On my last shopping I made by our trusted Italian supplier “Vita”, I’ve surprisingly received the biggest savoy cabbage I’ve ever seen. Inspired by its wide leaves I’ve decided to experiment something new, namely making a cabbage wrap. The problem came up with the fillings, as I fancied to do something different than usual to enhance at its best this recipe, so I came up with something never done before, creating a new recipe it will delight you.


For 6 people

  • 500g Dried Chickpeas
  • 70g Cured Italian Lard
  • 1 Carrot
  • 2 Celery Stalks
  • 1 Small Red Onion
  • 2 Garlic Cloves
  • 6 Savoy Cabbage Wide Leaves
  • 1 Tbsp. Nduja
  • Parsley a Handful
  • 125ml of White Wine

For the filling

  • 30g Butter
  • 30g White Flour
  • 300ml Milk
  • Nutmeg
  • 1 Tbsp. Nduja (if you don’t like the spicy taste, reduce the amount of Nduja to the half)
  • Salt and Black Pepper
  • Extra Virgin Olive Oil


The day before Soak the chickpeas in a bowl with cold water and leave it aside.

  1. Boil the cabbage leaves in salty water, drain and let them dribble in a pasta drainer while you do the rest. Keep the water on this as you will need it for later.
  2. Make a soffrito in a large saucepan using onion, carrot, celery and garlic all finely chopped and once it’s soft, add the lard thinly sliced previously. Let the lard to melt.
  3. As soon as the lard will have a clear color, simmer with white wine until reduced, then join the chickpeas with nduja, salt and cover them using the water used for boil the cabbage leaves. Give it a good stir a bit at a time (the cooking time can be different as it depends from few factor such as the time the chickpeas have left to soak, or from how much water they have absorbed etc..; indicatively I say they are ready when soft). Leave it to cook on a low heat with a lid on adding the “cabbage water” every time it’s needed until it’ll be fully cooked.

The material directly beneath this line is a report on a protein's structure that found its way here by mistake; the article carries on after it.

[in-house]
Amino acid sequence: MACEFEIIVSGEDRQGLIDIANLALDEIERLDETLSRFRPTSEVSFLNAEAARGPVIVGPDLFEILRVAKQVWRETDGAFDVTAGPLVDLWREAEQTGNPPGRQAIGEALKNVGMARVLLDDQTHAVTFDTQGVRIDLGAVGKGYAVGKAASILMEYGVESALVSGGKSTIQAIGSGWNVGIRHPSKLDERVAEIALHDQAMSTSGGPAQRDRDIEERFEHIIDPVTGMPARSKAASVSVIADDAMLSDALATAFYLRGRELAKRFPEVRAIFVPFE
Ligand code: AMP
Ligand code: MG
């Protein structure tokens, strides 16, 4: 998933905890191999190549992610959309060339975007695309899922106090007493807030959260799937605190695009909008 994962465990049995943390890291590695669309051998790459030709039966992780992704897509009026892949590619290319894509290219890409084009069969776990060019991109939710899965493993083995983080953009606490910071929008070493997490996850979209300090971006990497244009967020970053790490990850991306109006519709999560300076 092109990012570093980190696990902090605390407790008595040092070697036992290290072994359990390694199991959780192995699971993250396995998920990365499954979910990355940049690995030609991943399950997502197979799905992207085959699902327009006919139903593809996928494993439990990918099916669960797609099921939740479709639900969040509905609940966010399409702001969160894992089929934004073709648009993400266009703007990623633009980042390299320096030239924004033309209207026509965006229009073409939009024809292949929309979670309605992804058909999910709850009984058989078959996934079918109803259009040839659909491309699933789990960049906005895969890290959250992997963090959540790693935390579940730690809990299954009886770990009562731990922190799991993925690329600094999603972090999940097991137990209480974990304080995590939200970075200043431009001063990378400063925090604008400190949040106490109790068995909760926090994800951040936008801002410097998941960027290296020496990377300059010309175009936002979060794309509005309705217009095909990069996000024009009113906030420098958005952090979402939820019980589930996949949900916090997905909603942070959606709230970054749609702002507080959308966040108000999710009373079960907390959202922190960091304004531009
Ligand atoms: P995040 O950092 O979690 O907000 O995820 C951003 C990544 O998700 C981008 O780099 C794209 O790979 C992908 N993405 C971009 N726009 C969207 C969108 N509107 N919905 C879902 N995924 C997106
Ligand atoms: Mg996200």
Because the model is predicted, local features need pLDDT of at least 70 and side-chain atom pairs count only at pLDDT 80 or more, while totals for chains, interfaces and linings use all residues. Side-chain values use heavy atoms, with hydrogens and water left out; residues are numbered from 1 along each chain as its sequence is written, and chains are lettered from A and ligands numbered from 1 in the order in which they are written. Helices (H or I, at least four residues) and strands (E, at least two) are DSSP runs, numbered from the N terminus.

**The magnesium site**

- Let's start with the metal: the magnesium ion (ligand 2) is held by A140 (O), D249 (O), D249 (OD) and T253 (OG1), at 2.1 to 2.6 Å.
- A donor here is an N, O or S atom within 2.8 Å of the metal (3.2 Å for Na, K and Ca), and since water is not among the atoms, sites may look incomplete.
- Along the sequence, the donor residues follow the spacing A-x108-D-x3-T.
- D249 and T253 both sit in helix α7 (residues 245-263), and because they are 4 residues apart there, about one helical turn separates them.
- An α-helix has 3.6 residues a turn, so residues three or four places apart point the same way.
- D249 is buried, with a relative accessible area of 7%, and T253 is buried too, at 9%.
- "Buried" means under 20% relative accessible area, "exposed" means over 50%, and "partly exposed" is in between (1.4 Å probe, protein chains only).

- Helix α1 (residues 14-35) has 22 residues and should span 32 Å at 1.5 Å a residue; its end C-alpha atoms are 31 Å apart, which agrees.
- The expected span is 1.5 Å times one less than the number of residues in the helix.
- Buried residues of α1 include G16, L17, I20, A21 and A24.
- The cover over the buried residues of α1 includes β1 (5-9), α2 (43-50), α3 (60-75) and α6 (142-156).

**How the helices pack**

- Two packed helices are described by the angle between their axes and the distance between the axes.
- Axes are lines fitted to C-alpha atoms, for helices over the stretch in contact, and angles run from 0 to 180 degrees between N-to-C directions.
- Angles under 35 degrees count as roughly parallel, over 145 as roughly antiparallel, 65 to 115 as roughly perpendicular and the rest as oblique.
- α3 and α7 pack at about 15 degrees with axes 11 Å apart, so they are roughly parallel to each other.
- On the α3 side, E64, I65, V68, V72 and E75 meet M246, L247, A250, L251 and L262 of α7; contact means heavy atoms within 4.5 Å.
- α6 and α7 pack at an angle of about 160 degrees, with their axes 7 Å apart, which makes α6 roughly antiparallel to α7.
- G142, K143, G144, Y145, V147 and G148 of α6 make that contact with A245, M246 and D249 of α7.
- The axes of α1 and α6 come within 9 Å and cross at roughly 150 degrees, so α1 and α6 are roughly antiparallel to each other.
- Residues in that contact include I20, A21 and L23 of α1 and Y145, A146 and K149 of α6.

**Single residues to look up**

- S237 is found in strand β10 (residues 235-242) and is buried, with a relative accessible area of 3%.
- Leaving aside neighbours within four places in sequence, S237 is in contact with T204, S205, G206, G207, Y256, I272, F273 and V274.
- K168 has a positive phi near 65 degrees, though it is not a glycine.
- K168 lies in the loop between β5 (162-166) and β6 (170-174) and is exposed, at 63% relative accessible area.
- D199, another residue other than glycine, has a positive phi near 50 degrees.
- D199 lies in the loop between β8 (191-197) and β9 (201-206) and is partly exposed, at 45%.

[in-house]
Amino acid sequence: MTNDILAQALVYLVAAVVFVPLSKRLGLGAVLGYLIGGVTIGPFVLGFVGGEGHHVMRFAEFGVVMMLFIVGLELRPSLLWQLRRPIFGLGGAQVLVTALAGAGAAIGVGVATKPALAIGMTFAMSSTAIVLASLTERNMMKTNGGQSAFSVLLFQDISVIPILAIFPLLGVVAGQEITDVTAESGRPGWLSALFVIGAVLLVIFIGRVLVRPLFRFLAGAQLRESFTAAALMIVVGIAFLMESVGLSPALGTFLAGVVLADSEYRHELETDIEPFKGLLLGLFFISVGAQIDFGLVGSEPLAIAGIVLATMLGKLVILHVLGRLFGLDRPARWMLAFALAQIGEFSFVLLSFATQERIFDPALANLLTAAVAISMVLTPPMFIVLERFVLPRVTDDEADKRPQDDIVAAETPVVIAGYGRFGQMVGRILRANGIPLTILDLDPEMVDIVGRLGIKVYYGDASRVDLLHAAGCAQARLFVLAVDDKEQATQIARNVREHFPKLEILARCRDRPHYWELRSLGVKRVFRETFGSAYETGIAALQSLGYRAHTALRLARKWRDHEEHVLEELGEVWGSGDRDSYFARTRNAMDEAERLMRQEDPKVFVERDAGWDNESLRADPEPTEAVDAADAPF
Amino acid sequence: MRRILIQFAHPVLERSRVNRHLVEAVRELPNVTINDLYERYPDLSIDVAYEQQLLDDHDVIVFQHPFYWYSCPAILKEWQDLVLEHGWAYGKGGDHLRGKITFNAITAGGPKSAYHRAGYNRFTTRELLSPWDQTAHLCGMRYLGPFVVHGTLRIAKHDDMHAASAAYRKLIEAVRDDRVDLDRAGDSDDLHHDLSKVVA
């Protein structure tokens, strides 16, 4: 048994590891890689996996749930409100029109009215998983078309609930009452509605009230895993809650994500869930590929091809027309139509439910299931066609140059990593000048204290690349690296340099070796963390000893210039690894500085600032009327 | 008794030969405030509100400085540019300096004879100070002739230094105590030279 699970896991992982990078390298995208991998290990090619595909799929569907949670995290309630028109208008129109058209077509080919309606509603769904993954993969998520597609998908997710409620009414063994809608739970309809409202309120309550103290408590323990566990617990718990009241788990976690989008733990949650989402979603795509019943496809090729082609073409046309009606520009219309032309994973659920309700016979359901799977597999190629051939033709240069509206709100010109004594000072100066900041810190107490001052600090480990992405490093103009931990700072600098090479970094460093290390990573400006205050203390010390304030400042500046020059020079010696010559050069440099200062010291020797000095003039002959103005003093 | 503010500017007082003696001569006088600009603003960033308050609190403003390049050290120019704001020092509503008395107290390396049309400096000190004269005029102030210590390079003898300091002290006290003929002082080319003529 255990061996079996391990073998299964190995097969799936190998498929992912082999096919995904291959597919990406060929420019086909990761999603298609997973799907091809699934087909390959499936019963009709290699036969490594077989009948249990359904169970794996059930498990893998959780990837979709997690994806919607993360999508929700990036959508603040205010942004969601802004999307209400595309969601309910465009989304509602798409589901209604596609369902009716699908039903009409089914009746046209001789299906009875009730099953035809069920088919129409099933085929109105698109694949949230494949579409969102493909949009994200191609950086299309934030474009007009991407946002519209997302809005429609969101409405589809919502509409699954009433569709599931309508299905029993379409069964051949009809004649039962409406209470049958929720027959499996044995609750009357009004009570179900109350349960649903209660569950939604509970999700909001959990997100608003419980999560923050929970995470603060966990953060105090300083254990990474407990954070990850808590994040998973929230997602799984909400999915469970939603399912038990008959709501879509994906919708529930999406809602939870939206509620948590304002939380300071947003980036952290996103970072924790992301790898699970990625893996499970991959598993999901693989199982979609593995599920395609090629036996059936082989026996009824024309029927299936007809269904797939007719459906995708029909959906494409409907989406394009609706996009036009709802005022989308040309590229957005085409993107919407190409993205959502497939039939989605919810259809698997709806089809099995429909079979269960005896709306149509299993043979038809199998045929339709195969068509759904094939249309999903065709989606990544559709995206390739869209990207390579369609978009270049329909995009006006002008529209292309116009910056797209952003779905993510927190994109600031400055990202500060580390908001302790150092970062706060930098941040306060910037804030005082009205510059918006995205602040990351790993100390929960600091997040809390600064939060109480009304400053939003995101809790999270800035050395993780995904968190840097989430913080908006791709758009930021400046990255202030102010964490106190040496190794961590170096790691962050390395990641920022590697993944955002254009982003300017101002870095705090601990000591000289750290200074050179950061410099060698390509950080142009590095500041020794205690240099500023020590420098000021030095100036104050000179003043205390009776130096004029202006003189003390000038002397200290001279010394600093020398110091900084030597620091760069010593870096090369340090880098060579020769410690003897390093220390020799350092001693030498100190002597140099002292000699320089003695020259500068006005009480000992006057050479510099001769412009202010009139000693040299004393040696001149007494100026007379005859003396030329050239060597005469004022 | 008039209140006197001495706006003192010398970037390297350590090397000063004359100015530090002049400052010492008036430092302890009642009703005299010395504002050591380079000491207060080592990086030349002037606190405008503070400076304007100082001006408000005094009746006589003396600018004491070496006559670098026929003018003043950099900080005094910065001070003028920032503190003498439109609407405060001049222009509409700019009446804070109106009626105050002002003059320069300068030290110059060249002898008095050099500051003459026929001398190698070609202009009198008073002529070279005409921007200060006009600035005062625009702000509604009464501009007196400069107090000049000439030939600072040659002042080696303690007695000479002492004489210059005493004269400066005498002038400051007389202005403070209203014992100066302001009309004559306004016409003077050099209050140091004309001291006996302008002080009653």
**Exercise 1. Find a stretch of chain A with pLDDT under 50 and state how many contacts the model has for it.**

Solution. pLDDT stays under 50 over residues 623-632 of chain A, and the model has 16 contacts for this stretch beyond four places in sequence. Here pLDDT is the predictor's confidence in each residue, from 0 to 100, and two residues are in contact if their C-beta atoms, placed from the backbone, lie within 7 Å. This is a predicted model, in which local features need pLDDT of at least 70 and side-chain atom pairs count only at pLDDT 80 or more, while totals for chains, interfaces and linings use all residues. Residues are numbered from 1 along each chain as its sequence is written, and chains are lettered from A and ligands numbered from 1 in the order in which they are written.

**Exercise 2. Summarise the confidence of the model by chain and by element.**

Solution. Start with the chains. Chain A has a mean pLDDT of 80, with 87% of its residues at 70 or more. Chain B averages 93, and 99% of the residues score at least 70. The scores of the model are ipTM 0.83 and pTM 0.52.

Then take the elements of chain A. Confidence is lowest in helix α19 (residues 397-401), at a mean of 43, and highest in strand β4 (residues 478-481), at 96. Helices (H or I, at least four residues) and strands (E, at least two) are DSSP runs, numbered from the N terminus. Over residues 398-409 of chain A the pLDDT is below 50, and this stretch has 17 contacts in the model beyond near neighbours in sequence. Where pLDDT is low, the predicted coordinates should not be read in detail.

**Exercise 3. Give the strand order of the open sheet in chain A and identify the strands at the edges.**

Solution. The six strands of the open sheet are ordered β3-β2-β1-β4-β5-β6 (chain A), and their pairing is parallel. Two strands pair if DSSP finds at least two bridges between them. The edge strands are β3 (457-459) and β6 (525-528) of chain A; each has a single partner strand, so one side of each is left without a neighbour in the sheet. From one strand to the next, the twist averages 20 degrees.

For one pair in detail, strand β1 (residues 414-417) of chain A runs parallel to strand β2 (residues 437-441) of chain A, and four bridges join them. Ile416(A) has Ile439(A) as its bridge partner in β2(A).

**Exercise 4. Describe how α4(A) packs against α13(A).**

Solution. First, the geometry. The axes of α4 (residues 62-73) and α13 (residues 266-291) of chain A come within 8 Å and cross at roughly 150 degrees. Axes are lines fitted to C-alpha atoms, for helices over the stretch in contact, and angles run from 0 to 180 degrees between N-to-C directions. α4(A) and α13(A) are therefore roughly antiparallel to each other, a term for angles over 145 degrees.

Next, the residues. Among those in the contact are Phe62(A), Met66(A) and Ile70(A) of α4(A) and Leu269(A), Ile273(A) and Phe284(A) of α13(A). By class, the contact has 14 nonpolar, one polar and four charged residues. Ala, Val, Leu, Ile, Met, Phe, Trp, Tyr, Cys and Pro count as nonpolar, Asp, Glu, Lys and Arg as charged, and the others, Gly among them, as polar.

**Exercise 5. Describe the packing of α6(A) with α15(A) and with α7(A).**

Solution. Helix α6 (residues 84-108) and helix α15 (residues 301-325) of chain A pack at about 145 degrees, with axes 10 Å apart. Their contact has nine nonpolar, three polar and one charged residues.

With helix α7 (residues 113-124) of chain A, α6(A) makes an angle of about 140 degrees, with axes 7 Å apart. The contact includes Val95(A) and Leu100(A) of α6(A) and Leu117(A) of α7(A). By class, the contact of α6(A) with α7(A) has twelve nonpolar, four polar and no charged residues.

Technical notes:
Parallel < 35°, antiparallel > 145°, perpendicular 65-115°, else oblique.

Bear in mind you want to have a quite dry result, in the end, hence if there is any water left from the boiling, keep it for the next process.


Making the Nduja béchamel fillings

  1. Melt the butter in a poacher or little pot then add the flour and mix for a couple of minutes with a wooden spoon.
  2. A little at a time pour the milk into the pot and start whisking. When all the milk will be embedded, incorporate also salt and nutmeg.
  3. Keep stirring on a medium heat for another couple of minute, include the nduja, blend well and leave it to cool down.


Top left: cooked and crushed cheek peas Top right: extra cabbage for filling (discretionary) Bottom left: nduja bechamel Bottom right: boiled and drained cabbage leaves
  1. First thing first, you need to crush the chickpeas (Tip: I’ve used a muddler which is perfect in this situation, but you can use whatever suits you more), adding, if required, a bit of the remaining water (see step 3 on the method section). The compound you are looking for is a solid coarse puree. Mix up the mush with finely chopped parsley.
  2. Lay on a table a square of cling film with a cabbage leaf on it. Grab a handful of chickpeas mix and place in the middle a tsp of Nduja béchamel. Helping yourself with the other hand, make a ball and lay it down onto the leaf and close it. Seal it with the cling film and let rest in the fridge for at least 1 hour. Repeat the last step for all the leaves you have




  1. Pre-heat the sunflower oil in a large heavy-based pan at 180C and the oven at 250C
  2. Put in 3 different containers white plain flour, beaten eggs and breadcrumbs.
  3. Follow this path: Pass on the wrap first in the flour, then beaten eggs, breadcrumbs and once again beaten eggs and breadcrumbs (twice dipped).
  4. Fry the wraps and once get browned, dispose them on a tray to put into the oven for 5 minutes.

Let cool down a bit and enjoy your meal!!!

Fun Fact

  • Ground chickpeas have been used as a coffee substitute since the 18th century and are still commonly used as a caffeine-free alternative today. Widely available, the taste is said to be delicious. Why not give it a go!?!
  • Chickpeas are a great source of both soluble and dietary fiber, important for maintaining a healthy digestive system. Soluble fiber may assist with reducing the absorption of cholesterol into the bloodstream and helps maintain blood sugar levels, which may help to reduce the risk of developing heart disease and also aid in managing diabetes. The dietary fiber in chickpeas and their low glycemic index (GI) may also assist with weight loss by making you feel fuller for longer.

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